Bernard Camins, MD, hopes attendees log off from his presentation at Virtual OR Excellence and return to their facilities with a renewed sense of urgency in implementing tried-and-true infection prevention protocols that clinicians swore by during the darkest moments of pandemic. “It’s so important that surgical professionals continue to be as meticulous about wiping down surfaces and performing hand hygiene,” says Dr. Camins, the medical director of infection prevention at the Mount Sinai Health System and professor of infectious disease at Icahn School of Medicine at Mount Sinai, both of which are located in New York City.
Dr. Camins would like to see healthcare organizations keep the infection control momentum and best practices going strong long after the pandemic ends. “When we all started wearing the masks, you saw what happened during flu season and how effective this simple measure was at preventing people from getting sick,” he says.
Moving forward, Dr. Camins says it would be nice to see universal masking in place during the flu season to keep cases down and people healthy. He’d also like to see healthcare workers ease off of the hero mentality that seemed to plague organizations before COVID-19. “Far too many workers were trying to tough it out if they were feeling sick or had a slight fever,” he says. “But during a deadly pandemic, staying home to keep patients safe became the norm. Let’s hope that sticks.”
The pandemic highlighted the critical importance infection preventionists and their evidence-backed protocols play in keeping patients and staff safe, and Dr. Camins wants to make sure this focus remains a priority. He knows a thing or two about the power and potential of thorough infection control protocols. During the pandemic, Dr. Camins was asked by the United States Tennis Association (USTA) to serve on an advisory group to ensure the iconic U.S. Open could be held safely, albeit without spectators. “It was a high-pressure initiative that involved a ton of hard work, but it was also a wonderful experience,” recalls Dr. Camins, adding that he was a bit starstruck to be just six feet away from legends like Serena Williams.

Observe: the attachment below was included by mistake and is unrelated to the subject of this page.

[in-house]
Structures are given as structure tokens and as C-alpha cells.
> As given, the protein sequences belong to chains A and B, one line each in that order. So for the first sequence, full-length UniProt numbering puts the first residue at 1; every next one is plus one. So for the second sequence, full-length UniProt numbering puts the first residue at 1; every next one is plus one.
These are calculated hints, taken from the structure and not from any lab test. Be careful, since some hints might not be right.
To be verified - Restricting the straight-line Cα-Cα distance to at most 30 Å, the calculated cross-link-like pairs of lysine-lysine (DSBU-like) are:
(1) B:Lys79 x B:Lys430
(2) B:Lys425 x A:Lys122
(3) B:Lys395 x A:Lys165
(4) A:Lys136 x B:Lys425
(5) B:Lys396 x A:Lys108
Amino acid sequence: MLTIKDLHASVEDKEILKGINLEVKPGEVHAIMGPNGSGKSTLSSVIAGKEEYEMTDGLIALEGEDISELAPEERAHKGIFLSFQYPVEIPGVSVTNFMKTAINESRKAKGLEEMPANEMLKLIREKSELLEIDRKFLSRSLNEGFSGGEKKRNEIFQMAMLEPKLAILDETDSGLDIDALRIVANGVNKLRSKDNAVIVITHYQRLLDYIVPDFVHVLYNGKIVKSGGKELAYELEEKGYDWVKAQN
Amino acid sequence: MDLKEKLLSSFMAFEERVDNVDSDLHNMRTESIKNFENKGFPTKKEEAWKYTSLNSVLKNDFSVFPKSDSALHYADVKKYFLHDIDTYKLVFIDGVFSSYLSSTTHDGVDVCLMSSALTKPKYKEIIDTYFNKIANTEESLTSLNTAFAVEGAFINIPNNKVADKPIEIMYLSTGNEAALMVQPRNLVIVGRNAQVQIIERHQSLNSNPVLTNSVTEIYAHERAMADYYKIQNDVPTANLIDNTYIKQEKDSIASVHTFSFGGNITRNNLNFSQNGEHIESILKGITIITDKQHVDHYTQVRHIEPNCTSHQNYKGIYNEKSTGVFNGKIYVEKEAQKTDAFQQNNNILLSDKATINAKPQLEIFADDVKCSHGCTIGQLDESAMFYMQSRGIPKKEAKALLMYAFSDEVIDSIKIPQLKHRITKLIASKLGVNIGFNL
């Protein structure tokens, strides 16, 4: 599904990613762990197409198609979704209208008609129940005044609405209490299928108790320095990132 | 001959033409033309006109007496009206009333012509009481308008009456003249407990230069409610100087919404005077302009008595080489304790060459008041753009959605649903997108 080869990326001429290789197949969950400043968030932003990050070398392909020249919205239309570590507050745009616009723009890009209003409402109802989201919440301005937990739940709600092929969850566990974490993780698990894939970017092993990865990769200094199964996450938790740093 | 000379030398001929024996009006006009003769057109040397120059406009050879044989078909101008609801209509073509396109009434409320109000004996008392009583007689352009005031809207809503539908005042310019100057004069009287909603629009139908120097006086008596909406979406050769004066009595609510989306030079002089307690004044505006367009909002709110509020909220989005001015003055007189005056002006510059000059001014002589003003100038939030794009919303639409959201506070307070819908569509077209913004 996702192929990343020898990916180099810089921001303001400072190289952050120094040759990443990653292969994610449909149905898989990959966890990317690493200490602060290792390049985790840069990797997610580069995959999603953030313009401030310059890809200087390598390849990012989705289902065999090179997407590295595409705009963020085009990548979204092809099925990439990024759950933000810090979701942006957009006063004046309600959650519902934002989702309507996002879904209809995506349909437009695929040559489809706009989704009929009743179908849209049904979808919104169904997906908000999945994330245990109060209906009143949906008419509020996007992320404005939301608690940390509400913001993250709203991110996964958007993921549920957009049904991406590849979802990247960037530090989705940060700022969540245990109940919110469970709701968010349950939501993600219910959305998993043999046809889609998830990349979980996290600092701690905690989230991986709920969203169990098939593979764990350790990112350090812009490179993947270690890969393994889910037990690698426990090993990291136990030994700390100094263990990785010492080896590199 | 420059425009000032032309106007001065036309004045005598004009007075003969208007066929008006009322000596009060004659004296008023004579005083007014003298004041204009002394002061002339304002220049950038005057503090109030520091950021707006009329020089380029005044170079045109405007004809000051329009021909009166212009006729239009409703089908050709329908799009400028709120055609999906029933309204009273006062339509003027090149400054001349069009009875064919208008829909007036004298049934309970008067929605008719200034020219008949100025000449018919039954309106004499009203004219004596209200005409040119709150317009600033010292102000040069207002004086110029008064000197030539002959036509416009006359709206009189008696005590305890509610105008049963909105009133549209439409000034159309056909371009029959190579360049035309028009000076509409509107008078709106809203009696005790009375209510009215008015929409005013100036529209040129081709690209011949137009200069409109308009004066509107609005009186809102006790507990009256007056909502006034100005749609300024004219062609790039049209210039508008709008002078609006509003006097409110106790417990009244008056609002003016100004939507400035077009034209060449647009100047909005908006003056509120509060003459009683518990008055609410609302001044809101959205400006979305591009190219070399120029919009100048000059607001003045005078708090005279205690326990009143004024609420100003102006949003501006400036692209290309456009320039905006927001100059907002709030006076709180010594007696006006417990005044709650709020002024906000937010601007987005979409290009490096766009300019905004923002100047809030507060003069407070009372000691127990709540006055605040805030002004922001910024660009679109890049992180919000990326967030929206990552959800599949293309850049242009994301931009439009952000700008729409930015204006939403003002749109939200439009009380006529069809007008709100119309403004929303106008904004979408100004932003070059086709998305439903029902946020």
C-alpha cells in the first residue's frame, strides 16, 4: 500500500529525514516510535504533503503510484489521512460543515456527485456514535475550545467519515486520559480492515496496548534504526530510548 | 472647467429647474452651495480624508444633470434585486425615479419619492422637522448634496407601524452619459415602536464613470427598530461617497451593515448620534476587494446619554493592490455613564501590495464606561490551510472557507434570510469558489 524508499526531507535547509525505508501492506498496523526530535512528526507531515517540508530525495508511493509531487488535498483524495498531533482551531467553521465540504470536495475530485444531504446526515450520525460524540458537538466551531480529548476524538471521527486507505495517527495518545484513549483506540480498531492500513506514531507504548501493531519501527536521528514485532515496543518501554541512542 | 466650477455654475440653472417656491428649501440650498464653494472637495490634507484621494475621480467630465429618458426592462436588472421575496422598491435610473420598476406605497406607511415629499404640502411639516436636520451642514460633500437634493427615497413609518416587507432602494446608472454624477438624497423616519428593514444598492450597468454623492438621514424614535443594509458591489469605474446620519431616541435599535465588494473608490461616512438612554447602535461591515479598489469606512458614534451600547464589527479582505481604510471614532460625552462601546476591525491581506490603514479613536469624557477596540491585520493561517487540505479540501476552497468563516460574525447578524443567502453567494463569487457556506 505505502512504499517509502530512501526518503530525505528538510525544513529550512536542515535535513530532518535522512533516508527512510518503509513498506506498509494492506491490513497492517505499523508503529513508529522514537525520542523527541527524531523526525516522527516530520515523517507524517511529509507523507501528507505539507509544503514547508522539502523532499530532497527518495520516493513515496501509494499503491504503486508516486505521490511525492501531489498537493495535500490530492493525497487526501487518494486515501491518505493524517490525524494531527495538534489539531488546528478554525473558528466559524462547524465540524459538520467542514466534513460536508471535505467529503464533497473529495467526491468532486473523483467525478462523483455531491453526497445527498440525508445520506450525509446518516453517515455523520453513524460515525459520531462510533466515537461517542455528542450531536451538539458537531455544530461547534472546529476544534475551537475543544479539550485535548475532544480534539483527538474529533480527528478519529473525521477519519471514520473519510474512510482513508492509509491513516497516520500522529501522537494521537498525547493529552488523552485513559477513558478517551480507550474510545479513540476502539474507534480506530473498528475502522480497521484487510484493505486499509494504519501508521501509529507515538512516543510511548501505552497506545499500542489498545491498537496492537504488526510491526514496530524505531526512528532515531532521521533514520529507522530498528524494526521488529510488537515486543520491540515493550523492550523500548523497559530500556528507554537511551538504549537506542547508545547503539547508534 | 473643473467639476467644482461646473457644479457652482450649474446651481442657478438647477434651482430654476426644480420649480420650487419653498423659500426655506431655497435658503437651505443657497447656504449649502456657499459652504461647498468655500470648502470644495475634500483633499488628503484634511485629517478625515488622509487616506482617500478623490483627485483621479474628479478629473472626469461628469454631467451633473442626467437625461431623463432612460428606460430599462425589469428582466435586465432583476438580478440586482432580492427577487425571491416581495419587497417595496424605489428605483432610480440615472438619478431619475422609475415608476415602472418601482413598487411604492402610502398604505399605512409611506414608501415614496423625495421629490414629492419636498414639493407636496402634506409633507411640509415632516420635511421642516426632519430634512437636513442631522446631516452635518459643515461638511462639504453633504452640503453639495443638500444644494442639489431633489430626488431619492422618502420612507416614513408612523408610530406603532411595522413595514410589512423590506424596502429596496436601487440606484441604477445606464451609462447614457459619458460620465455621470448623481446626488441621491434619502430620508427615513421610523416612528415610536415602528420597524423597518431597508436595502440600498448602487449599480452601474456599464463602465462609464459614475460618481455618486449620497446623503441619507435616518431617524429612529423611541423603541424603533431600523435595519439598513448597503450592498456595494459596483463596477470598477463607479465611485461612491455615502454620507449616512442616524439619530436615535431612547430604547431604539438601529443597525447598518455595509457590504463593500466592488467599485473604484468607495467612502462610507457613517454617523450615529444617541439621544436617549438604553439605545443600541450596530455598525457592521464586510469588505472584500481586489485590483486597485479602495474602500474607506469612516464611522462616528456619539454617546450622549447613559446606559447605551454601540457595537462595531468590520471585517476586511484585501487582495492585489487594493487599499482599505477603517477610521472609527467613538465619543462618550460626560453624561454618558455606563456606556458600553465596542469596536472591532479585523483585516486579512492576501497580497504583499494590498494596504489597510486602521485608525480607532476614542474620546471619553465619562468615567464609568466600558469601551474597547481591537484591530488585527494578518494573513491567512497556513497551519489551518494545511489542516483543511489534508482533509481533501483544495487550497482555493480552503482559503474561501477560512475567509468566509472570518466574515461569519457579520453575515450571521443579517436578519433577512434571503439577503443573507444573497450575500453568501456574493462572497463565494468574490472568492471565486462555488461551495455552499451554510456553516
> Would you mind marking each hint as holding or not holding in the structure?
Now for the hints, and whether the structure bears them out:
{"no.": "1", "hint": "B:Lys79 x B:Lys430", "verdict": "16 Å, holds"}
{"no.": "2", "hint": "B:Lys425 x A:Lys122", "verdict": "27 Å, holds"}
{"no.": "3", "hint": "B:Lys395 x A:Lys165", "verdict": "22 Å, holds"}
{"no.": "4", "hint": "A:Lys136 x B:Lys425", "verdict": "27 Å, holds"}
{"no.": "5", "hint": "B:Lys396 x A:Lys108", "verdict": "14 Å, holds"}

During his presentation at Virtual OR Excellence, Dr. Camins will discuss the invaluable role infection preventionists must play in creating and enforcing policies that prevent infections and keep multidrug-resistant organisms at bay. He’ll also share what you can do to be better prepared for the next pandemic.
“We have to constantly remind ourselves to get back to the basics and keep doing the simple things that we know will work,” says Dr. Camins. “We can’t afford to let our guard down.”
As society eases into full reopening mode and adjusts to reentry, Dr. Camins has a message for the public. “I advocate for everyone to get vaccinated,” he says. “And if you’ve already been vaccinated, it doesn’t mean you can live like it’s 2019. We still have to be safe.” OSM